There’s no denying that many of our twenty-something children are under-employed. Looking at Bureau of Labor Statistics, the unemployment rate for adults aged 20-24 was 13.5% in July 2012, which is considerably higher than the unemployment rate for adults over 55 (6.2% in the same time period). The question is, what’s going on? Is the job market for recent college grads really challenging, or is there something amiss with the younger generation?
As boomers, our tendency is to assume that this is a generational problem. Many of us have a hard time understanding why our children are so comfortable lounging on the couch while we head off to work every day. After all, we’ve seen our fair share of recessions and job trouble in our lifetimes, and we’ve managed to persevere. Why can’t these kids get it together?
In defense of under-employed twenty-somethings everywhere, I will say that high unemployment rates among recent college grads are partially a result of a slow economy. Still, many of these young adults have trouble finding a job because they’re a bit lost – they just don’t know what to do. If your child is one of these under-employed “millennials” or “echo boomers,” this article is for you.
How Are Twenty-Somethings Different Than Boomers When it Comes to Finding a Job?
Without slandering all members of the millennial generation, I would say that many of these young adults struggle to find a job for the following reasons:
Is the Problem A Poor Work Ethic, or Is It A Tight Job Market?
Some people may disagree with the assessment that millennials have a less-than-exemplary work ethic, arguing instead that the problem for twenty-somethings is a tight job market. To these critics I would say that the economy is absolutely a factor. There aren’t a lot of jobs available. However, a tight job market isn’t the only problem.
Many college students fail to take advantage of college career centers and job placement services. Most college career centers offer career assessment tests, interview skills classes and workshops, resume reviews, etc. However, it’s up to students to seek these services out.
What’s a Parent To Do?
If your favorite twenty-something is not employed, there are a few things you can do to help them find a job.
First, if your child is not working, encourage them to go out and get any job they can. This could be in food service, working as a valet, teaching at a preschool, or even working as a volunteer. Whatever it is, a job is important because it helps your child feel some success. Work experience, regardless of the job, helps us frame our expectations, increases our contacts, and boosts our confidence.
Incidentally, a few months working at an entry level job tends to be a powerful motivator for your twenty-something to go out and find something better.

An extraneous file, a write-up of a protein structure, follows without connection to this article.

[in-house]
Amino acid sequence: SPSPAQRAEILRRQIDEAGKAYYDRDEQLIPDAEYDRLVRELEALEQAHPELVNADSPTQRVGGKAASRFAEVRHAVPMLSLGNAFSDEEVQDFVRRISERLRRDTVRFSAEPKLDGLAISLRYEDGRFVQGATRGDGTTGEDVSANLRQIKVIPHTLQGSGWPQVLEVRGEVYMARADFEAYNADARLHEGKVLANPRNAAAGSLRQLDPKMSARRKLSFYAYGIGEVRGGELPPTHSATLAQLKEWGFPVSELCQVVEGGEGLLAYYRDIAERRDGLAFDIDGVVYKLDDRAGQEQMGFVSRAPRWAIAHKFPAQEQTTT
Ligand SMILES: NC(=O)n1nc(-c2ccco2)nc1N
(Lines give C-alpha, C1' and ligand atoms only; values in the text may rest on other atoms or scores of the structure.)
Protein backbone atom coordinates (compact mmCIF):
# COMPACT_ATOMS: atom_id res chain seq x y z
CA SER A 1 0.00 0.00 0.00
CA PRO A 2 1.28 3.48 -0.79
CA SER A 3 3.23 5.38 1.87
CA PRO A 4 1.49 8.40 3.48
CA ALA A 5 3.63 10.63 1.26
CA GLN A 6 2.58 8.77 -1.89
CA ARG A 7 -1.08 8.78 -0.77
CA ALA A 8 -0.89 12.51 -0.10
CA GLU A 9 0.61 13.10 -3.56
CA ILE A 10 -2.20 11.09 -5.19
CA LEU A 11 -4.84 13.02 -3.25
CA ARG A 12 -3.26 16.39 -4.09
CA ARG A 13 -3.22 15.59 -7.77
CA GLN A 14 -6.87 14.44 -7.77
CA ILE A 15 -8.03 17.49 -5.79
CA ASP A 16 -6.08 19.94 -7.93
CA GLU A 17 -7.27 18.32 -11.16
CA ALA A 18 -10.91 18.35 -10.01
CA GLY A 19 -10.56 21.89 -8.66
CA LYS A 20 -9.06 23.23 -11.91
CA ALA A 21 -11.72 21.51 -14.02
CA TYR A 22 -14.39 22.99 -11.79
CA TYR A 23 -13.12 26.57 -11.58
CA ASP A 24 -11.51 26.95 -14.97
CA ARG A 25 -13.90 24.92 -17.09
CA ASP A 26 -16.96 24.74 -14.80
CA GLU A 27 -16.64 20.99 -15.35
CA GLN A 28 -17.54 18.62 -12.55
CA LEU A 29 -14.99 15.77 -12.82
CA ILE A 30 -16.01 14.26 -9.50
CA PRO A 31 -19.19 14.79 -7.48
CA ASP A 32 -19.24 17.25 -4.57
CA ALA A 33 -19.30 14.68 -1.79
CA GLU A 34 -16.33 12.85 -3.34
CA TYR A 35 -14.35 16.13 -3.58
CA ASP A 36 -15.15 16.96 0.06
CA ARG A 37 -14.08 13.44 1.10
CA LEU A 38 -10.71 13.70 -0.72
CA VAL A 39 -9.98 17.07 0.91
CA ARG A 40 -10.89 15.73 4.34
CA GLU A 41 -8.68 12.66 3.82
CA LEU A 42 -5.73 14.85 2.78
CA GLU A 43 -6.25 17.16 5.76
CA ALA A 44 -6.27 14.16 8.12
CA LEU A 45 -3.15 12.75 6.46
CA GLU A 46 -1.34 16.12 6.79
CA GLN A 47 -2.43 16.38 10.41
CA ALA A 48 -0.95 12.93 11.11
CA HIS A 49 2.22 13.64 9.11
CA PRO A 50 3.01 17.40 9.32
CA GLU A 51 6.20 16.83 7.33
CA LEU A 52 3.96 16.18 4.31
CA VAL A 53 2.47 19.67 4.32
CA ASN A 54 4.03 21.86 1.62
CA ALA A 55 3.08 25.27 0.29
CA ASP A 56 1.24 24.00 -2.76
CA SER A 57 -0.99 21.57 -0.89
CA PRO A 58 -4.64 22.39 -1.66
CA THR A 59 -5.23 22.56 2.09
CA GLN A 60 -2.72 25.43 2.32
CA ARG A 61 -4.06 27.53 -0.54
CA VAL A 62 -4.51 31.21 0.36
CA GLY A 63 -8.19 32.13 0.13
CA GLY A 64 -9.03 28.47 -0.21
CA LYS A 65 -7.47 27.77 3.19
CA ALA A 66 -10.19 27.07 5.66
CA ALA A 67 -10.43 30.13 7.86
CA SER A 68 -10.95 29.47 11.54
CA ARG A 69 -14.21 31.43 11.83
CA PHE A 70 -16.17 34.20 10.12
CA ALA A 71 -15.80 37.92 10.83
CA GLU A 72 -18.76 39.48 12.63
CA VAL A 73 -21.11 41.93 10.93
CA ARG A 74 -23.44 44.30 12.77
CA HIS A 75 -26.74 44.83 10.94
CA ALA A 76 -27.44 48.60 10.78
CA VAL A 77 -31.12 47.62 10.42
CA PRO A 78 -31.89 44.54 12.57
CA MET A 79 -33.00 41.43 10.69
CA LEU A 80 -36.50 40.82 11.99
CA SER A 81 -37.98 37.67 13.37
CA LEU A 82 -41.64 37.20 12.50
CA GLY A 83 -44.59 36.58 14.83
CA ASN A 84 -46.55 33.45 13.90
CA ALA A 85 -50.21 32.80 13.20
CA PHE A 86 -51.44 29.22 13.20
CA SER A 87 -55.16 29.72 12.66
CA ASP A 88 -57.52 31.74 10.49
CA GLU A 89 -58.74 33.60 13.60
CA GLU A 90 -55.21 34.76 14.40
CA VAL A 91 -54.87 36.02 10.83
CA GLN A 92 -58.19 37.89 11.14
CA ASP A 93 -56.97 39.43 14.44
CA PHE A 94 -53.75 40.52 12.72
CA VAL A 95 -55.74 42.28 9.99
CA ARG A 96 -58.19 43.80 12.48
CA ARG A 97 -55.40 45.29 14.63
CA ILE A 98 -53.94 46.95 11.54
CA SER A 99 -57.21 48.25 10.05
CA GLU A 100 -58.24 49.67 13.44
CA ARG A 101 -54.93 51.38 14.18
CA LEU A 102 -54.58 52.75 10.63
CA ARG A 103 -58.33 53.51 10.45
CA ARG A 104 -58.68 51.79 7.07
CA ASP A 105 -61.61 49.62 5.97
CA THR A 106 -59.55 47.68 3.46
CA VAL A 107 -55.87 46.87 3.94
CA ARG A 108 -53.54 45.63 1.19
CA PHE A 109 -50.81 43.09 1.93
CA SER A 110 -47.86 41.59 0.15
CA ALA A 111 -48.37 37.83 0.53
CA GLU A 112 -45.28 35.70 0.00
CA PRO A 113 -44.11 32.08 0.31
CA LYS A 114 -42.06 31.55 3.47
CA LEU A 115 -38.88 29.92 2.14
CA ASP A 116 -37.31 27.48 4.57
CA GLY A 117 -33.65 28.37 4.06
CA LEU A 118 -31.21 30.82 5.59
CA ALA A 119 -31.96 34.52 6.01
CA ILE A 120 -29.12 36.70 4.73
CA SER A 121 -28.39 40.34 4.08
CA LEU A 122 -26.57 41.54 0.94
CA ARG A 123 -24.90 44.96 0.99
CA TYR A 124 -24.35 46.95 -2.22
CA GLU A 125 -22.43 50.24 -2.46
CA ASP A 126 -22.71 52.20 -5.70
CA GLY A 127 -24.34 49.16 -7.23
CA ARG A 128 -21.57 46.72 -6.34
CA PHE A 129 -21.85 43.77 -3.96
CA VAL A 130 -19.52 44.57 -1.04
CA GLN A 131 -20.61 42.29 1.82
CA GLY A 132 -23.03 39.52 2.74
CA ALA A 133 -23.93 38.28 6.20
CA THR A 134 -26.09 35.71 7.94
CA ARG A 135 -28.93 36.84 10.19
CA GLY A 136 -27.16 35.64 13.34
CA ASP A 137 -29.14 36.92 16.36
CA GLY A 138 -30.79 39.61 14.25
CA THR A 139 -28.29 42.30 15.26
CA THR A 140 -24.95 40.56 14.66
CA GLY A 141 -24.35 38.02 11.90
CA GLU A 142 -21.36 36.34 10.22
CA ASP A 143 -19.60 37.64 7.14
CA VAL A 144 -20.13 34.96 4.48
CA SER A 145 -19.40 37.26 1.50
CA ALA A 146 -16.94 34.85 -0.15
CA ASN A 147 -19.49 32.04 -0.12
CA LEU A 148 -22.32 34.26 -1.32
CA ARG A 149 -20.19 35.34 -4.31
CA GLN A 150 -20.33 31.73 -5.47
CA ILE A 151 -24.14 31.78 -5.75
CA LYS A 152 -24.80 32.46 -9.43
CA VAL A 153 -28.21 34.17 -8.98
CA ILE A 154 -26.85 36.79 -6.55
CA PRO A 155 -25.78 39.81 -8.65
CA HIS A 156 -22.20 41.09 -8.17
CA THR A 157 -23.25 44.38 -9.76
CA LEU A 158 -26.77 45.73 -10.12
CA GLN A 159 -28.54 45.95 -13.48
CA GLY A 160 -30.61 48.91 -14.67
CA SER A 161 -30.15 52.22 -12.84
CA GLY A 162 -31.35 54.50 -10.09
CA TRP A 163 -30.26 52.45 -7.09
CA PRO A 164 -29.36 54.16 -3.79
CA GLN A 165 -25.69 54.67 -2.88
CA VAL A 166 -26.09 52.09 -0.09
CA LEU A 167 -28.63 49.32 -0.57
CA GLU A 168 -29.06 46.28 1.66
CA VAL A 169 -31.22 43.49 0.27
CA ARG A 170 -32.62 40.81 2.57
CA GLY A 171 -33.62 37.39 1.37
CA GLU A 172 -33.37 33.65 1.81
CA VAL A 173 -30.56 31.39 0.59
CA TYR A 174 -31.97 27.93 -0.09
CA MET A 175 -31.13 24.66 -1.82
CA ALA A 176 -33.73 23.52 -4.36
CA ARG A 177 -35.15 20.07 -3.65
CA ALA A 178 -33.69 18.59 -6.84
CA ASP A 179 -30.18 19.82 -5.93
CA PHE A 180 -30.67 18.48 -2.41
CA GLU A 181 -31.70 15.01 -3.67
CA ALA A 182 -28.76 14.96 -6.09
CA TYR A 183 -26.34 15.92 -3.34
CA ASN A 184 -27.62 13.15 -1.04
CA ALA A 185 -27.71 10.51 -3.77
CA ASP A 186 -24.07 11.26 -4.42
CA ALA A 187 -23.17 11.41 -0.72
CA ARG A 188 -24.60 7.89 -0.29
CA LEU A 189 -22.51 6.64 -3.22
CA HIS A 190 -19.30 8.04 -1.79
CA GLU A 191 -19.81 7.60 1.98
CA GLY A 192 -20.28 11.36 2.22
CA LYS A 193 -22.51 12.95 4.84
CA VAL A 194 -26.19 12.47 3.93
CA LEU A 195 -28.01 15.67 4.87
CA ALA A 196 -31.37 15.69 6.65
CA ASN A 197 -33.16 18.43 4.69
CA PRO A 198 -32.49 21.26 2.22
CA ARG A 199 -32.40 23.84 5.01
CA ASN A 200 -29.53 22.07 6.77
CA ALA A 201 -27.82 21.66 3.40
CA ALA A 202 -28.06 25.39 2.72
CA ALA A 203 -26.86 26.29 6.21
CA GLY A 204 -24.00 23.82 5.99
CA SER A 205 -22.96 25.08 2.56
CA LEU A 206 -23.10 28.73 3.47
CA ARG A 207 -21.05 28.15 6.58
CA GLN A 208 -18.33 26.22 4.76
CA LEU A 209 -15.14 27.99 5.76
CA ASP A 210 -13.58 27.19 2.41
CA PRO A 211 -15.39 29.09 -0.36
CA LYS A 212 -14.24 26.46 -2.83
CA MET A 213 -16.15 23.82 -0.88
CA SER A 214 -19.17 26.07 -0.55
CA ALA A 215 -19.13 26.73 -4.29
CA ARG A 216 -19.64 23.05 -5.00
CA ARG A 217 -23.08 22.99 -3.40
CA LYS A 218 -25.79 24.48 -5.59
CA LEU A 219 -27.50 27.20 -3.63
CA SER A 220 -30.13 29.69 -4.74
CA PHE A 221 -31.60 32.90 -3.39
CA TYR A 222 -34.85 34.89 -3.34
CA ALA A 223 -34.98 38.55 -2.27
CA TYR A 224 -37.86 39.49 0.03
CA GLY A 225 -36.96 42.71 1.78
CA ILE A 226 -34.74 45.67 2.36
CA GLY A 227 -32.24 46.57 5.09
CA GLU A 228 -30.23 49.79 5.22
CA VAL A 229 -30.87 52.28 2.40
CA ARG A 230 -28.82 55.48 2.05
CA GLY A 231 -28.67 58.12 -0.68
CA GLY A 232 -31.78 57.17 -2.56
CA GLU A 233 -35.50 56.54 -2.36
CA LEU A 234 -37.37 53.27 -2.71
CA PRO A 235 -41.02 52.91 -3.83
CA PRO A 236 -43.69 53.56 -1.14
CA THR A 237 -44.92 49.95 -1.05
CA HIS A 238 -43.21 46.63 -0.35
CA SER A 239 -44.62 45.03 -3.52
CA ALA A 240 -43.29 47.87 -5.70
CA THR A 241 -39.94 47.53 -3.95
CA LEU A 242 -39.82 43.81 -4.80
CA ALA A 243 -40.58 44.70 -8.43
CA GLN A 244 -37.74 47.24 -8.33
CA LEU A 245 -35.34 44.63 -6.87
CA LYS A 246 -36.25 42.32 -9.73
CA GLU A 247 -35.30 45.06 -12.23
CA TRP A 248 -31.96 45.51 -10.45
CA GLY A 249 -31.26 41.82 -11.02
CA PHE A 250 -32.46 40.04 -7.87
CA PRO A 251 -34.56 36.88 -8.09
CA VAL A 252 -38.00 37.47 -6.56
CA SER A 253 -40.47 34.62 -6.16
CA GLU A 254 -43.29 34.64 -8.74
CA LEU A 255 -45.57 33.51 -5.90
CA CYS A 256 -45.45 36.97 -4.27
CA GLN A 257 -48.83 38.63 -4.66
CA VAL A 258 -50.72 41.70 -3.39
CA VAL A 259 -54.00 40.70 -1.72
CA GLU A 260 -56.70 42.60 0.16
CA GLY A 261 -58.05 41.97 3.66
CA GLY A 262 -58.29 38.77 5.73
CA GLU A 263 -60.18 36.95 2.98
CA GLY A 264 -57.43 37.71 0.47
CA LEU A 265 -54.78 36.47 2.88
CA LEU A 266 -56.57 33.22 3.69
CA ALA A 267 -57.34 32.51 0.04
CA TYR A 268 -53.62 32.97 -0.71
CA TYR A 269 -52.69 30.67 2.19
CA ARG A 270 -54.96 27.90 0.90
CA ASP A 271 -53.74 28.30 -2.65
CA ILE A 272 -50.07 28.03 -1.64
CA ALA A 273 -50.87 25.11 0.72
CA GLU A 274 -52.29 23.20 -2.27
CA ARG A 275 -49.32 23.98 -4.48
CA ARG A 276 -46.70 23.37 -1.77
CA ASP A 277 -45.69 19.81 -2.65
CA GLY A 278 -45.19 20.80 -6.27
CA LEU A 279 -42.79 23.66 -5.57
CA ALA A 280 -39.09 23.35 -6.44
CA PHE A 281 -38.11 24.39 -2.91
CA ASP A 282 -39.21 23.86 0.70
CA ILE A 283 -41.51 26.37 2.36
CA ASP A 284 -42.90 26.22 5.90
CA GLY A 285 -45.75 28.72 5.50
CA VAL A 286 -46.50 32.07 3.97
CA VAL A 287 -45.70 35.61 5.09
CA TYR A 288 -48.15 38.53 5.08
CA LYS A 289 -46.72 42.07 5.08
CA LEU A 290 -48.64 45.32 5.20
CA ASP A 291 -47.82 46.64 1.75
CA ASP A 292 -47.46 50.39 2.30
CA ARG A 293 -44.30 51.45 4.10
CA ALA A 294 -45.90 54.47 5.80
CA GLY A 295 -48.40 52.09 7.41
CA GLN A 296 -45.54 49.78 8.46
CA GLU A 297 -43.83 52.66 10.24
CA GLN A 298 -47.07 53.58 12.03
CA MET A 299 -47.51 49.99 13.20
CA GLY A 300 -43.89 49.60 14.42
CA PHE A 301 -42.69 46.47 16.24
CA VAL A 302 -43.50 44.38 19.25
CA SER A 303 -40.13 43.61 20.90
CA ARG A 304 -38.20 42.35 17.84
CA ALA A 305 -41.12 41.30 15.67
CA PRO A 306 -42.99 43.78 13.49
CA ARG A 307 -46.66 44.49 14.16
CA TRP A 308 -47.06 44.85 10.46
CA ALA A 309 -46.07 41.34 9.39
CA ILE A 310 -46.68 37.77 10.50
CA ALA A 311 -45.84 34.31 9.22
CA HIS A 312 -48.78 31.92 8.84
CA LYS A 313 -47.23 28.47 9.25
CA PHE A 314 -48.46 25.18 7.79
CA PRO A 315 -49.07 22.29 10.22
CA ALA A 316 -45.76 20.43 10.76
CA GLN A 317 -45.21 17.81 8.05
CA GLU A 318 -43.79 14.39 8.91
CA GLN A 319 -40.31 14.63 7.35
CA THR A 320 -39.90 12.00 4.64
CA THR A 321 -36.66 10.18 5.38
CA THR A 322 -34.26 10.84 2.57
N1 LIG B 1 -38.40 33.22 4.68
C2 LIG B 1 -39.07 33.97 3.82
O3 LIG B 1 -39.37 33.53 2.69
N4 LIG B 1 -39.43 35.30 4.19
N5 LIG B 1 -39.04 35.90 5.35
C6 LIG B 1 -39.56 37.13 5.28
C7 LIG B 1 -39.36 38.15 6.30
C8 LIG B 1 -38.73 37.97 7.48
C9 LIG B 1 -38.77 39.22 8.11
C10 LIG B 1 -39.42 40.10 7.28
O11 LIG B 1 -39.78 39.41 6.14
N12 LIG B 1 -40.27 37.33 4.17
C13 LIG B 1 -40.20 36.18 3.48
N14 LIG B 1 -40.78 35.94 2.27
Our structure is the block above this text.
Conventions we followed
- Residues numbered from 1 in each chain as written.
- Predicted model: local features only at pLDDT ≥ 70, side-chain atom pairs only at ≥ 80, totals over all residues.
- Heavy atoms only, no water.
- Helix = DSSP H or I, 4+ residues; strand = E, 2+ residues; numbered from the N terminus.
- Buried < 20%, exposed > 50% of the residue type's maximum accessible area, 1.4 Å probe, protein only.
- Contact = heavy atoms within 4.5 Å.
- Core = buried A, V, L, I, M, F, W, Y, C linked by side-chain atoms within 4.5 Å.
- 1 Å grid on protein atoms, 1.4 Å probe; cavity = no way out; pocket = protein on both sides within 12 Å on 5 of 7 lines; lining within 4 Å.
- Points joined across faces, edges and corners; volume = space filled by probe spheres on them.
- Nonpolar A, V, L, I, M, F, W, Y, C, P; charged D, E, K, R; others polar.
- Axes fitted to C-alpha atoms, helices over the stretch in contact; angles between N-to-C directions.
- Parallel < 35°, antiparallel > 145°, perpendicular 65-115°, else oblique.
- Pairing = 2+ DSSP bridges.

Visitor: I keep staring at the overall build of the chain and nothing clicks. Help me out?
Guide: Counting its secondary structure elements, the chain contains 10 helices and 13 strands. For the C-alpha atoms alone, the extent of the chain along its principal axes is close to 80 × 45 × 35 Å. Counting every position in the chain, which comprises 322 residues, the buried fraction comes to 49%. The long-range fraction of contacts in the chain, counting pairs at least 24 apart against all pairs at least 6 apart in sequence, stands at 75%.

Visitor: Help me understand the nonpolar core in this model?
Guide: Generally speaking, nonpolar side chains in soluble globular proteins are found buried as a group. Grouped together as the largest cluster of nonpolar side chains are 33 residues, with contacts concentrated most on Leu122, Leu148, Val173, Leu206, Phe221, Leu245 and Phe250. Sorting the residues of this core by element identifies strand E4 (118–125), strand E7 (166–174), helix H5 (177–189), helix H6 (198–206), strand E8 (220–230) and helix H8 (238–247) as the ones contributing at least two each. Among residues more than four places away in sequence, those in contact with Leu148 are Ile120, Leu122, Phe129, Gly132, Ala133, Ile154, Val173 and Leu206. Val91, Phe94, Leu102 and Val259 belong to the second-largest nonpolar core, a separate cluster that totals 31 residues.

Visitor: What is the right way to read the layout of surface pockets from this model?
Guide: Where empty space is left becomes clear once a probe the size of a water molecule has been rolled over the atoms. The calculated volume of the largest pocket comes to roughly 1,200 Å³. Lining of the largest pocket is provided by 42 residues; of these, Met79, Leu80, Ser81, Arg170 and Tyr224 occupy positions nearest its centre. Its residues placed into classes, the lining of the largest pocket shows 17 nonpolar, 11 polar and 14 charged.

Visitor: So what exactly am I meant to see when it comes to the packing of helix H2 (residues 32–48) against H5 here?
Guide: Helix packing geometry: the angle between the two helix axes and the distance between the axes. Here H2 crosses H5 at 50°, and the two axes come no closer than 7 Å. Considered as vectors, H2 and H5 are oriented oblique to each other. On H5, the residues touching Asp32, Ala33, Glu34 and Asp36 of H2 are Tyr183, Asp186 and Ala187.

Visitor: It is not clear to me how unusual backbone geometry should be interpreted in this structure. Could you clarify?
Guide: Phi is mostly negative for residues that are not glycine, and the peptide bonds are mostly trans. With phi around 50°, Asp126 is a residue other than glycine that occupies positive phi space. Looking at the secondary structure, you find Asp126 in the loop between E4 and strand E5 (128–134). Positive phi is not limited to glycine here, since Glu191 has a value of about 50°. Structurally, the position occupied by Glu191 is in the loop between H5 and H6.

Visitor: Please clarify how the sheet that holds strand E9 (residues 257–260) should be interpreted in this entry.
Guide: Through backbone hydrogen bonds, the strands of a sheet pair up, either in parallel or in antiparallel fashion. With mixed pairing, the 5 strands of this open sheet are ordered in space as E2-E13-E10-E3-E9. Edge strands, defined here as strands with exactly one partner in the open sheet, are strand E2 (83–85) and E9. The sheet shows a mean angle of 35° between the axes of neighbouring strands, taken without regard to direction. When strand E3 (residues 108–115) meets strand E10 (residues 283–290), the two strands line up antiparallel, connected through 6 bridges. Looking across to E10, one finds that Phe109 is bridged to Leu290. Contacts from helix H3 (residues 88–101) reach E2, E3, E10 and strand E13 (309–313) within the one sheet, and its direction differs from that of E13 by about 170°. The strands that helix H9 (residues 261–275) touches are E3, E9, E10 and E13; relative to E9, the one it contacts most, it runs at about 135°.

Second, encourage your college graduate to look at vocational and technical schools. There’s a strong demand for veterinary technicians, x-ray or ultrasound technicians, paralegals, and more. If you or your twenty-something aren’t sold on pursuing this path, consider this: There is more demand in the current job market for electricians than there is for lawyers. What’s more, many electricians earn six-figure salaries.
Next, be clear about your boundaries, especially regarding finances and living at home. When parents take the initiative and tell their stay-at-home adult children a) how long their adult child can live at home and b) how much money they’re willing to contribute in terms of support, there will be less drama. For example, a parent might agree to pay for health insurance expenses while declining to pay for a vehicle.
Finally, if your child expresses a desire to return to school to obtain a more advanced degree, the best thing you can do as a parent is to encourage them to get some career counseling and some real-world work experience first. That way they can make an informed career choice.
Speaking of career counseling, I’d like to point out that I’ve helped hundreds of twenty-somethings find their ideal career. I’ve found that career assessments which measure your child’s interests, abilities, and personality can make a world of difference in a twenty-something’s life. It can help them identify their ideal career and give them the confidence to attack the job market too.
Author Anne Angerman is a professional career counselor and founder of Career Matters, a career coaching firm in Denver, Colorado. To learn more about Anne’s career counseling packages for twenty-somethings, click here.